Will Airbus and Boeing raise their single-aisle jetliner production rates to 70 per month? The industry has heard growing talk of these increases, which could come just a few years after the end of the decade. The current state of demand justifies these rates. But the current state of demand is based on an almost perfect confluence of market conditions. Here’s why that might not last.
In terms of units produced over the next 10 years, large turbofans account for 26.3% of the overall aero turbine market. Only turboshafts, at 23.5%, come among the other market segments. But when measured by retail value of engines delivered, the large fan segment is a whopping 67.7% of the total market, far ahead of the next nearest segment, Medium Turbofans, at just over 11%.
This new entrant challenge has induced very different reactions by the two legacy regional jet market leaders. One is reinventing itself to survive, while the other seems content to gradually fade away.
Teal Group’s overall, cumulative forecasts indicate the military electronics market available to U.S. manufacturers will continue to rise slowly, while platform hardware procurements will decline. The shrinkage of new-platform hardware procurements began as long ago as the 1990s (remember the Cold War? The Peace Dividend? Backfire bombers, SS-20 MIRVs and Nuclear Winter?), and has shrunk again more recently after a hardware procurement surge for Iraq and Afghanistan war buys and then after-action refits (ground systems, especially, such as armored vehicles, MRAPS, base security, etc.).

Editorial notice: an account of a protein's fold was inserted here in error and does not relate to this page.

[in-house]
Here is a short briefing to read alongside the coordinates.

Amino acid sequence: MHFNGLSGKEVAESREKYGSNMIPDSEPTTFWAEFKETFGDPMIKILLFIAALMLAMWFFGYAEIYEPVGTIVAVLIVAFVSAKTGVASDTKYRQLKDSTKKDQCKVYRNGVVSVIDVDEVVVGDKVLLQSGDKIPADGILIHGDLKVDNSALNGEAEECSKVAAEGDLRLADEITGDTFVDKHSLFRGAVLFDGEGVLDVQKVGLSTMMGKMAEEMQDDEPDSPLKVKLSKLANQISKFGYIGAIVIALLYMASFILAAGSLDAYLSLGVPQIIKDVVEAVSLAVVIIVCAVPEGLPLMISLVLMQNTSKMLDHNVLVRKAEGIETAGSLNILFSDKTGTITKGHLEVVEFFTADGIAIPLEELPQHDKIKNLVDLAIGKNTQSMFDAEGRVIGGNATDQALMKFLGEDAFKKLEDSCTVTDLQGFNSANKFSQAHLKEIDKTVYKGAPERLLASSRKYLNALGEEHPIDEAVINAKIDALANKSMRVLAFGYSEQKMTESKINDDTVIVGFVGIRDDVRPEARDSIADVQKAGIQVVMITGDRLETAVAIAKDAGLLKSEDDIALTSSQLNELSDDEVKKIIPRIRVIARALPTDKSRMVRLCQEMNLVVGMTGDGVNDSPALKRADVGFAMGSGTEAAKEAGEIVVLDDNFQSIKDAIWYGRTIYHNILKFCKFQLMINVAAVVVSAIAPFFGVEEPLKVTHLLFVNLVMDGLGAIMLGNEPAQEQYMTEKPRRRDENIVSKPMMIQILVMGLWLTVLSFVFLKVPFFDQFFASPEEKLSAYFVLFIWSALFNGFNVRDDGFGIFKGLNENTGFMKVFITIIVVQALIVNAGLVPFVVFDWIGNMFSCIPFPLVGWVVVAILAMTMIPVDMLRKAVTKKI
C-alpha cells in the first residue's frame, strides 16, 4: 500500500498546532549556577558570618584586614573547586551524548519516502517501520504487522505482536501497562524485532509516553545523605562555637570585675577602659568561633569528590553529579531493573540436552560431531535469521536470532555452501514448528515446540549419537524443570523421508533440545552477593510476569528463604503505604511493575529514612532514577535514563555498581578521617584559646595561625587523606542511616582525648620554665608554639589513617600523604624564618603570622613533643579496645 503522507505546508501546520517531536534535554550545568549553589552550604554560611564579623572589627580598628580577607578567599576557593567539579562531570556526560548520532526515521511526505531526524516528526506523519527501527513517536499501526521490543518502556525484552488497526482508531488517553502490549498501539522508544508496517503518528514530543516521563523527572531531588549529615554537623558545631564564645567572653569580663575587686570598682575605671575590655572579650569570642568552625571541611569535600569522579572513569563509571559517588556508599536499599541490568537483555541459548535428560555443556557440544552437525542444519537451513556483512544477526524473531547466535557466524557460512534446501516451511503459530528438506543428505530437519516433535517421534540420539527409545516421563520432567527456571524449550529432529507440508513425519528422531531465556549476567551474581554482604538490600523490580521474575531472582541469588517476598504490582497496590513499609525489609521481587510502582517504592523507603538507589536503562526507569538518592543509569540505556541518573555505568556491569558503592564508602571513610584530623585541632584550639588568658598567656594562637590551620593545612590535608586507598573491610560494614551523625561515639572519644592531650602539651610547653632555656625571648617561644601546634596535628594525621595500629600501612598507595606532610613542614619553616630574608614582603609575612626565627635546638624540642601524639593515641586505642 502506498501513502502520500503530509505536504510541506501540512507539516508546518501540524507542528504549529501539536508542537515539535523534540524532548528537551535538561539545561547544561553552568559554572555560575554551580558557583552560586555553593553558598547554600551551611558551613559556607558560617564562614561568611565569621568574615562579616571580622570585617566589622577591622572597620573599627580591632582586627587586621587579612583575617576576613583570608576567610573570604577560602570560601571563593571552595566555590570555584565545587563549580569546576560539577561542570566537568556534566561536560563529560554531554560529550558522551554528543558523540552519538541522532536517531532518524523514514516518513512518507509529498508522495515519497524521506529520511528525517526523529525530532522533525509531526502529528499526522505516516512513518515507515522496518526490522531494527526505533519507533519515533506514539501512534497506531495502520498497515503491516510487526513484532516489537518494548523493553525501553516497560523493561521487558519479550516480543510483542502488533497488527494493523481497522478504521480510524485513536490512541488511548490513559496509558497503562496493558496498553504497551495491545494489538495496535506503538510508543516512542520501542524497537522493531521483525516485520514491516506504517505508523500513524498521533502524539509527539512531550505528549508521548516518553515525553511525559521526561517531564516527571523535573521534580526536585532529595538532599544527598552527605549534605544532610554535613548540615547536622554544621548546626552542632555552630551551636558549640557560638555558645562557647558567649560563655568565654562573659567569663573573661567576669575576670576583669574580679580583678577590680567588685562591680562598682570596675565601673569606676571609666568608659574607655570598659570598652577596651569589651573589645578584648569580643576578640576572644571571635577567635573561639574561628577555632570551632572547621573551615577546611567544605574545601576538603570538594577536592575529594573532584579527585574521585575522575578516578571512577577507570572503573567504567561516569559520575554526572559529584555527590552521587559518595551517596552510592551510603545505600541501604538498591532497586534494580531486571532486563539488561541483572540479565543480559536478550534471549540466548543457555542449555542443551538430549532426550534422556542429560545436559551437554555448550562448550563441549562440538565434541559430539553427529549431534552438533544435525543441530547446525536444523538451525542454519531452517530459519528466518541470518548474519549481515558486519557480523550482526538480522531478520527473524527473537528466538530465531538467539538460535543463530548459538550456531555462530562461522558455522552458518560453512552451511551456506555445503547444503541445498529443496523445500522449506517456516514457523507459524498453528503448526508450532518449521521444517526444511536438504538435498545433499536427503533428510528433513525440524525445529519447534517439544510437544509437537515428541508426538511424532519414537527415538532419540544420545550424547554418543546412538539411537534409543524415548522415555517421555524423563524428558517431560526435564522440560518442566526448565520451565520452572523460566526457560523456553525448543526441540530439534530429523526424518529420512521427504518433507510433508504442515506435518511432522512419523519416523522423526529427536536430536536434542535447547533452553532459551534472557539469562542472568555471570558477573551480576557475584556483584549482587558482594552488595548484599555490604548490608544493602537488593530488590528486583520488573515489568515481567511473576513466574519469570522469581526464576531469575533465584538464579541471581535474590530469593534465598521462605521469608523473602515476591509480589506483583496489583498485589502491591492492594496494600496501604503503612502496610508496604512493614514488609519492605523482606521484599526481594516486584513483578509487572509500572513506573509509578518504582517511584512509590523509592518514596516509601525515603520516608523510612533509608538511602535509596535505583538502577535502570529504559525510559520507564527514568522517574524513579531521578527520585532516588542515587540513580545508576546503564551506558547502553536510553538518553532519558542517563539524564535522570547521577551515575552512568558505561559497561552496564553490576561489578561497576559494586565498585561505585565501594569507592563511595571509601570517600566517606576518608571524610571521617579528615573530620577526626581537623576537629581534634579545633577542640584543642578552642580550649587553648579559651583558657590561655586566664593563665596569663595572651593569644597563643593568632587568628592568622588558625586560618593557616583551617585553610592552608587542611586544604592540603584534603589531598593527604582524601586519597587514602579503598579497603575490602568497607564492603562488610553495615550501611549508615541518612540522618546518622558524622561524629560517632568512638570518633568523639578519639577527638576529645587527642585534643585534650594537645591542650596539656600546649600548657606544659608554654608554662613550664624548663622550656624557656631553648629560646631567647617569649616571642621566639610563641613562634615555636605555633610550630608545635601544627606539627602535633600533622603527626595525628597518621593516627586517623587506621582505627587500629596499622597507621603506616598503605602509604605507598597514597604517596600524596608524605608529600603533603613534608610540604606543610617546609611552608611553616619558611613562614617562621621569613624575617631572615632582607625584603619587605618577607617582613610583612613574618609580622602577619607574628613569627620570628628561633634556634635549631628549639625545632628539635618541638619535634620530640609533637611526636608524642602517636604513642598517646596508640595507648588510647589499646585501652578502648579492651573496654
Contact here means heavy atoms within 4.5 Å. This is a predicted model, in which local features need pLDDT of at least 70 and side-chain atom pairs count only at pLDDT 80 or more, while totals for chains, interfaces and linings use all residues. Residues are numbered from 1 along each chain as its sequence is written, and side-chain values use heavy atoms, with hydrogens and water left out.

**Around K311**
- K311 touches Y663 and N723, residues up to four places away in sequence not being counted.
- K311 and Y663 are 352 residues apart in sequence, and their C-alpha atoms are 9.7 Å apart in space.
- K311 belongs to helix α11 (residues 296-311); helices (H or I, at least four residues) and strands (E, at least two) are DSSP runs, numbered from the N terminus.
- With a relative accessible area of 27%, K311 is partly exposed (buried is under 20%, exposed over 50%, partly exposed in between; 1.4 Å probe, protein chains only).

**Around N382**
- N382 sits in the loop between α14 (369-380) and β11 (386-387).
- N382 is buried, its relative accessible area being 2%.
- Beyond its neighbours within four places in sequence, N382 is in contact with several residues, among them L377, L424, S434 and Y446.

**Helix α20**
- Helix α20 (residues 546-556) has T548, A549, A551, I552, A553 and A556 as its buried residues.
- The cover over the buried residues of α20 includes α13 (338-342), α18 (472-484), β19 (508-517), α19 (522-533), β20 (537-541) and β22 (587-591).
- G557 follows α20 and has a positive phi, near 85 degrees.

Strategy: Leonardo's management is continuing to work to change the corporate culture and improve the company's performance to reach levels achieved by European competitors. Its new industrial plan unveiled in February 2018 seeks to restart growth, improve financial performance and cut debt.
The business already has been restructured. Cost-cutting and divestitures of non-core businesses have improved profitability.To turn around the company, management has undergone repeated shakeups replacing many long-time managers.
Forecasting the size of the future UAV market is far more problematic, than in other areas of aerospace technology. There are several reasons for this. The most important is that UAVs are a revolutionary new technology. They are not an established technology (such as missiles, combat aircraft, etc.), where there are clearly defined requirements and established bureaucratic organizations that foster their procurement. While there has been a considerable amount of attention to UAVs in the press, and considerable experimentation with UAVs by many armies, there are still an enormous number of unanswered questions about the nature of UAVs and their operation that make any forecasting difficult.
Despite the challenges associated with entering this market, three new regional jet producers have thrown their hats in the ring. The biggest success, and a major surprise, has been the Mitsubishi Regional Jet (MRJ) Powered by Pratt & Whitney’s Pure-Power PW1000G Geared Turbofan, (GTF).
In October 2009, the MRJ scored a notable breakthrough with a tentative order for 50 firm and 50 option planes from Trans States Holdings, the parent company of Trans States Airlines and GoJet Airlines. A firm contract was expected by the end of the year, but did not arrive until February 2011. Also, in July 2012 Sky-West announced a tentative commitment for 100 MRJ90s. This order, for 100 firm and 100 option planes, was firmed up in December 2012.
In terms of units produced over the next 10 years, turboshafts account for 23% of the overall aero turbine market. Measured by value of engines produced, the 'shaft segment is only 4% of the total market.
The joint kings of the turboshaft market are General Electric and French manufacturer Turbomeca, a subsidiary of the Safran Group. The former leads handily in terms of value of units delivered, but they are at parity when unit deliveries are considered.